Complication on occupational accident insurance when teleworking
“Is teleworker covered by occupational accident insurance?” This is a big question in the context of telework model being more popular as a solution to adapt to the “new normal”. According to the labour law, employees are entitled to occupational accident insurance when they suffer an occupational accident that causes a working capacity decrease of 5% or more in any of the following cases: (i) At the workplaces and during the working time, even if they do necessary daily activities at the workplaces or during the working time as prescribed in the Labour Code and internal regulations of the enterprises, including break time, mid-shift meal, in-kind meal, menstrual hygiene, bathing, breastfeeding or personal hygiene; (ii) Outside the workplaces or beyond working time when the employees work assigned by their employers or the persons authorised by the employers; and (iii) On the route between home and work within a reasonable period of time and route.
However, according to the labour law, a workplace is any place where an employee actually works as agreed or assigned by the enterprise. Therefore, if enterprises assign employees to work from home, this can be considered a “workplace”. Therefore, if an employee has an accident during his or her working time and at a remote workspace, the enterprise may face the risk of having to pay all expenses related to the occupational accident for the employee. To reduce risks, enterprises should stipulate rules on occupational safety and require employees to comply with the Policy and confirm that the enterprises are not responsible if employees violate those safety regulations.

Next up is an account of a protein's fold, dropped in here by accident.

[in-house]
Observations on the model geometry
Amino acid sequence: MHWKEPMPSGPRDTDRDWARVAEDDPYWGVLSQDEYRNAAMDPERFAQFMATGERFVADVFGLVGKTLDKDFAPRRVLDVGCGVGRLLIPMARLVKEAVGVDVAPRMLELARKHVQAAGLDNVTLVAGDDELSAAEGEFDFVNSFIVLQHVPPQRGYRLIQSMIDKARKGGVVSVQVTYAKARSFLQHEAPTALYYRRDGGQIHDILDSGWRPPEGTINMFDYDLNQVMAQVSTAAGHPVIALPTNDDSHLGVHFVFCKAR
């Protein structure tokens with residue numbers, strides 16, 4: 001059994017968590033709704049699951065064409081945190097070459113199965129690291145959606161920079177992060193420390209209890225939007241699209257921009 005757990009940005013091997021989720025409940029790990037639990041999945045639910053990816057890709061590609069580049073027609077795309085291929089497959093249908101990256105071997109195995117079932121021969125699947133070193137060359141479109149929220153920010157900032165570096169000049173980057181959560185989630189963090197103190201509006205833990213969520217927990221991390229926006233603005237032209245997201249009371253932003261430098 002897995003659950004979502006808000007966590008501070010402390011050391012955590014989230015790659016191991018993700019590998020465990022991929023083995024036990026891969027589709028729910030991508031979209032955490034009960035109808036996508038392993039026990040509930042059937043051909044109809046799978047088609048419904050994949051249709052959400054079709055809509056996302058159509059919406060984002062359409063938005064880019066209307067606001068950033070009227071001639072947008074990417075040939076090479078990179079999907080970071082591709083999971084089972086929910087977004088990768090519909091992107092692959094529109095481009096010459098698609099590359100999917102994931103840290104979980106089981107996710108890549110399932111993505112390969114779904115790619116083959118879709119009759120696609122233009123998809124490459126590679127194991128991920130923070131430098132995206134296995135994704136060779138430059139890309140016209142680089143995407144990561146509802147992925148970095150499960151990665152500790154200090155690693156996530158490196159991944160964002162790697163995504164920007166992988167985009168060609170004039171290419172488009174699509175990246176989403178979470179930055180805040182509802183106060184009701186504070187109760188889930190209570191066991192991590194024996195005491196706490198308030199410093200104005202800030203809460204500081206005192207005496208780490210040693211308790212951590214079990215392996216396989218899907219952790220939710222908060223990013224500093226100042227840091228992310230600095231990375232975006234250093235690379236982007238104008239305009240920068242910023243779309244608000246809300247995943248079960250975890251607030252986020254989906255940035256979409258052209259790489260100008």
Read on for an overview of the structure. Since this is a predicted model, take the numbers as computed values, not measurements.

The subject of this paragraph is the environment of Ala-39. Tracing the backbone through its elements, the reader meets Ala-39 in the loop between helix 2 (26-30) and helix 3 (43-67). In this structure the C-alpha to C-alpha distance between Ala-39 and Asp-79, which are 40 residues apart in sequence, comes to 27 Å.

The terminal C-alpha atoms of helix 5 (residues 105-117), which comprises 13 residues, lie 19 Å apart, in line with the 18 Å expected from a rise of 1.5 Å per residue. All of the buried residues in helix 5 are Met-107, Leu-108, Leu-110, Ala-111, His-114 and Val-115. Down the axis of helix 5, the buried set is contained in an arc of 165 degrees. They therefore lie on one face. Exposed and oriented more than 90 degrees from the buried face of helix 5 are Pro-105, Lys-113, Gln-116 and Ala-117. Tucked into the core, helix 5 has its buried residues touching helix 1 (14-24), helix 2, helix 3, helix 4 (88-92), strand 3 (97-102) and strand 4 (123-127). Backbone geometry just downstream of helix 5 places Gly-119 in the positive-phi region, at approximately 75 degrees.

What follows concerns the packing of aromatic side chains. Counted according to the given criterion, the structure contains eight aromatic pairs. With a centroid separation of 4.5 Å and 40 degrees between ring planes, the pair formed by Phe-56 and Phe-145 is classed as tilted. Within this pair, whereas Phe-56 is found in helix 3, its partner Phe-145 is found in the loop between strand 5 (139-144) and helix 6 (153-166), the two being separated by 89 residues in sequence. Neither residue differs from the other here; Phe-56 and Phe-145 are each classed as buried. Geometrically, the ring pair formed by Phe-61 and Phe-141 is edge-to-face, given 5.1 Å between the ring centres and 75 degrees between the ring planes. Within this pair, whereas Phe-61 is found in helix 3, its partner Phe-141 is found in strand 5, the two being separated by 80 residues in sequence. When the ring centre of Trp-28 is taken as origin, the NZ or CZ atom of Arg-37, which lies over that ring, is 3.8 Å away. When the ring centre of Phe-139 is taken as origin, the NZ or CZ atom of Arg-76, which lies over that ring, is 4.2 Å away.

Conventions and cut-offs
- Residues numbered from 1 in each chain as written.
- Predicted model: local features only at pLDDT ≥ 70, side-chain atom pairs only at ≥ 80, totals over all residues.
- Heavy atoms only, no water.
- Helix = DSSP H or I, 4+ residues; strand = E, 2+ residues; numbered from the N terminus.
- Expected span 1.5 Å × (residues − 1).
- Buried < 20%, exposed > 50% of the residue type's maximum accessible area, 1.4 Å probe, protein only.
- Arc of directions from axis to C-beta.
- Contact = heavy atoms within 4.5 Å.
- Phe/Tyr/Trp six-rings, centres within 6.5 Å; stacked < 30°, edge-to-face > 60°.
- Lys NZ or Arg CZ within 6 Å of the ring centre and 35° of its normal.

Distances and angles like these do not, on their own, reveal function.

The complicated developments of the current COVID-19 epidemic force enterprises to be flexible in arranging personnel to both fight the epidemic and ensure uninterrupted business activities. However, the law has not yet provided timely guidance to the legal issues arising from this new telework model, so the development of internal regulations of the enterprises to adjust and guide the implementation of the telework model for employees becomes even more urgent. Enterprises need to be careful and predictable when drafting the Policy so that this telework model working is for the right purpose, effective and practical.